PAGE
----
At Mount Vernon, where attendance has also slipped, they’ve added a food court and dining at an inn in recent years. In addition, the site has begun highlighting Washington’s life as a gentleman farmer and entrepreneur by reopening a gristmill in 2002 and planning to add a distillery.

For its candlelight tours in December last year, an interpreter playing Martha Washington addressed visitors as they entered. “It was more interactive, more of a personal experience that people could relate to,” says Emily Coleman, the assist­ant director of marketing.

Heritage travel executives like Ellis, Rosenthal, and Cavanaugh talk about engaging visitors emotionally, not just intellectually. “We do a wonderful job of telling people about the features of a particular destination — these are the things you can do and see,” says Cavanaugh. “But I think the attractions and destinations that really set themselves apart are the ones that tell the benefits of those attractions and connect those benefits to real emotions. The attractions that will be successful in the 21st century will be those that take advantage of the fact that travel can be an emotional experience.”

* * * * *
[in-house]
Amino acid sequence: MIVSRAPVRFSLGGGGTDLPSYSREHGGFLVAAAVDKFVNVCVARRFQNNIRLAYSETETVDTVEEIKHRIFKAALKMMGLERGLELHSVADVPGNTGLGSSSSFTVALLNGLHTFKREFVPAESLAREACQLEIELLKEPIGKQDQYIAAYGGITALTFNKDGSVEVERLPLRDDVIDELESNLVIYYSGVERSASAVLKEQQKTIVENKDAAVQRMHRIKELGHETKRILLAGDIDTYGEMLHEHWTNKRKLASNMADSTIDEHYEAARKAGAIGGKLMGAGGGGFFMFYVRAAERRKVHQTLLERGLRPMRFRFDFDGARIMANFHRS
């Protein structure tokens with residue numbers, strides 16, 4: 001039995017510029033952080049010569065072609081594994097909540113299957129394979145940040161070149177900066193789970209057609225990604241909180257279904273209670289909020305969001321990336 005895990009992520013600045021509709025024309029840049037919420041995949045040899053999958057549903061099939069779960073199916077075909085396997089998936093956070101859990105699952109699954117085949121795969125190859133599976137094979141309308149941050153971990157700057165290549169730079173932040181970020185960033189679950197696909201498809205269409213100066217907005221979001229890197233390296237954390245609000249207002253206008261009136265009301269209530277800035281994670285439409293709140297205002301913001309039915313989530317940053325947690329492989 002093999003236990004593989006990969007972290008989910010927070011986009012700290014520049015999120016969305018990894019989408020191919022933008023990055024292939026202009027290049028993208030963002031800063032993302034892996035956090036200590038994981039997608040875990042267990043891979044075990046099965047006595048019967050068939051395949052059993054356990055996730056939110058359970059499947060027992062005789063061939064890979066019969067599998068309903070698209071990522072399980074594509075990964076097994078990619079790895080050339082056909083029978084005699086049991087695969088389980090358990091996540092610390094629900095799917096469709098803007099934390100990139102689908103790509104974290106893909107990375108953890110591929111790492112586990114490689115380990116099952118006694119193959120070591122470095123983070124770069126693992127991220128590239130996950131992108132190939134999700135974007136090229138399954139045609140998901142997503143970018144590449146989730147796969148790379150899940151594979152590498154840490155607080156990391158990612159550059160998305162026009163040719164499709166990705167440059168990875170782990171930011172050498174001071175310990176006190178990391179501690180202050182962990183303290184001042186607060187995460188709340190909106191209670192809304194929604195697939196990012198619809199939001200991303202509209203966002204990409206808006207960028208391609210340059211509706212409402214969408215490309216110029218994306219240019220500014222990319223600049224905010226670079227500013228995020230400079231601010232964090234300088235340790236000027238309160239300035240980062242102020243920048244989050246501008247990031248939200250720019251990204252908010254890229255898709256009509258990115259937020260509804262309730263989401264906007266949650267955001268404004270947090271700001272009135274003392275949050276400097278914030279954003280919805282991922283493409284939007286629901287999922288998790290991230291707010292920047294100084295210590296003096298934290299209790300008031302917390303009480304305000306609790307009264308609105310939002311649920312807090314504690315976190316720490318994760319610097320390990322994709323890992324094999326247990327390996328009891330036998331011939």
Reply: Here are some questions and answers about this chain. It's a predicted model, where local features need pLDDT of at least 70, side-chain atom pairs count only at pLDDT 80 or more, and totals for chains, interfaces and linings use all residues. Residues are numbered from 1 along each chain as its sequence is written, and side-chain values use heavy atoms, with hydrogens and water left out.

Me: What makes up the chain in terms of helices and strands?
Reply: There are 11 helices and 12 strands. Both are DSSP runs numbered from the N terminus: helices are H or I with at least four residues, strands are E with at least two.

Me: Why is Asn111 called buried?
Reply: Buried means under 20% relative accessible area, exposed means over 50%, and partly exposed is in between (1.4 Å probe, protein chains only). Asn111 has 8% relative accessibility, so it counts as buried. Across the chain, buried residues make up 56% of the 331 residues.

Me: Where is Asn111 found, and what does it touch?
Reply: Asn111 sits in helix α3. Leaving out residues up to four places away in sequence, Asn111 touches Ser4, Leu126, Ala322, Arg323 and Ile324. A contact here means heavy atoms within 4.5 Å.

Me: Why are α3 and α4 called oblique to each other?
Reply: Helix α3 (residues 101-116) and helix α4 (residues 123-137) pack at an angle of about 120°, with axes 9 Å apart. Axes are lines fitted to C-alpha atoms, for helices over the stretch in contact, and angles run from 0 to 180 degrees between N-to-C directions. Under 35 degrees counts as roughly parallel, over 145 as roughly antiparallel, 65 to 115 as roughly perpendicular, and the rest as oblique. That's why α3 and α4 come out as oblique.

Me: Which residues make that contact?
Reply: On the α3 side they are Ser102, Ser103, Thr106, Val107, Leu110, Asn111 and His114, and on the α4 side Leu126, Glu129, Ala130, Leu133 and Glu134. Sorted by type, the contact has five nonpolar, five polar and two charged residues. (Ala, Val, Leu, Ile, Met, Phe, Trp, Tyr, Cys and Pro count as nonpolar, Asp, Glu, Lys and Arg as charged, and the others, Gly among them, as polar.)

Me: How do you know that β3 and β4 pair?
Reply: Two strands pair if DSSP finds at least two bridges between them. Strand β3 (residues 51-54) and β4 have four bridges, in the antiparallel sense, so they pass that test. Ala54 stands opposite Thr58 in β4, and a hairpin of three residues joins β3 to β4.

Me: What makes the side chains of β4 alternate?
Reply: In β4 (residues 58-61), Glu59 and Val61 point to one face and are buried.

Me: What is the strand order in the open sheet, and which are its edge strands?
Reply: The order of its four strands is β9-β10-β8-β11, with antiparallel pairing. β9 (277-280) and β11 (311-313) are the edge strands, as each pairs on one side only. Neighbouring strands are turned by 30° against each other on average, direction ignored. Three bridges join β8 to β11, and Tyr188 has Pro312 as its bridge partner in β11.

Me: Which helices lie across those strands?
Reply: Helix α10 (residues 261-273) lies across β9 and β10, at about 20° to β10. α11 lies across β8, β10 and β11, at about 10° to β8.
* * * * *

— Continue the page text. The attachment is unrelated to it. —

Before sites can make that emotional connection, Rosenthal notes, they have to prod people off the couch or away from the roller coaster.

“We are grateful to the glitzier attractions for what they’ve taught us,” she says. “The challenge now is going to be to make history compelling enough that people will get over the ‘oh-it’s-history’ barrier.”      

"what we found is that if the visitor is engaged and brought into the experience, that serves as a catalyst not only for enjoyment but also for a learning conversation."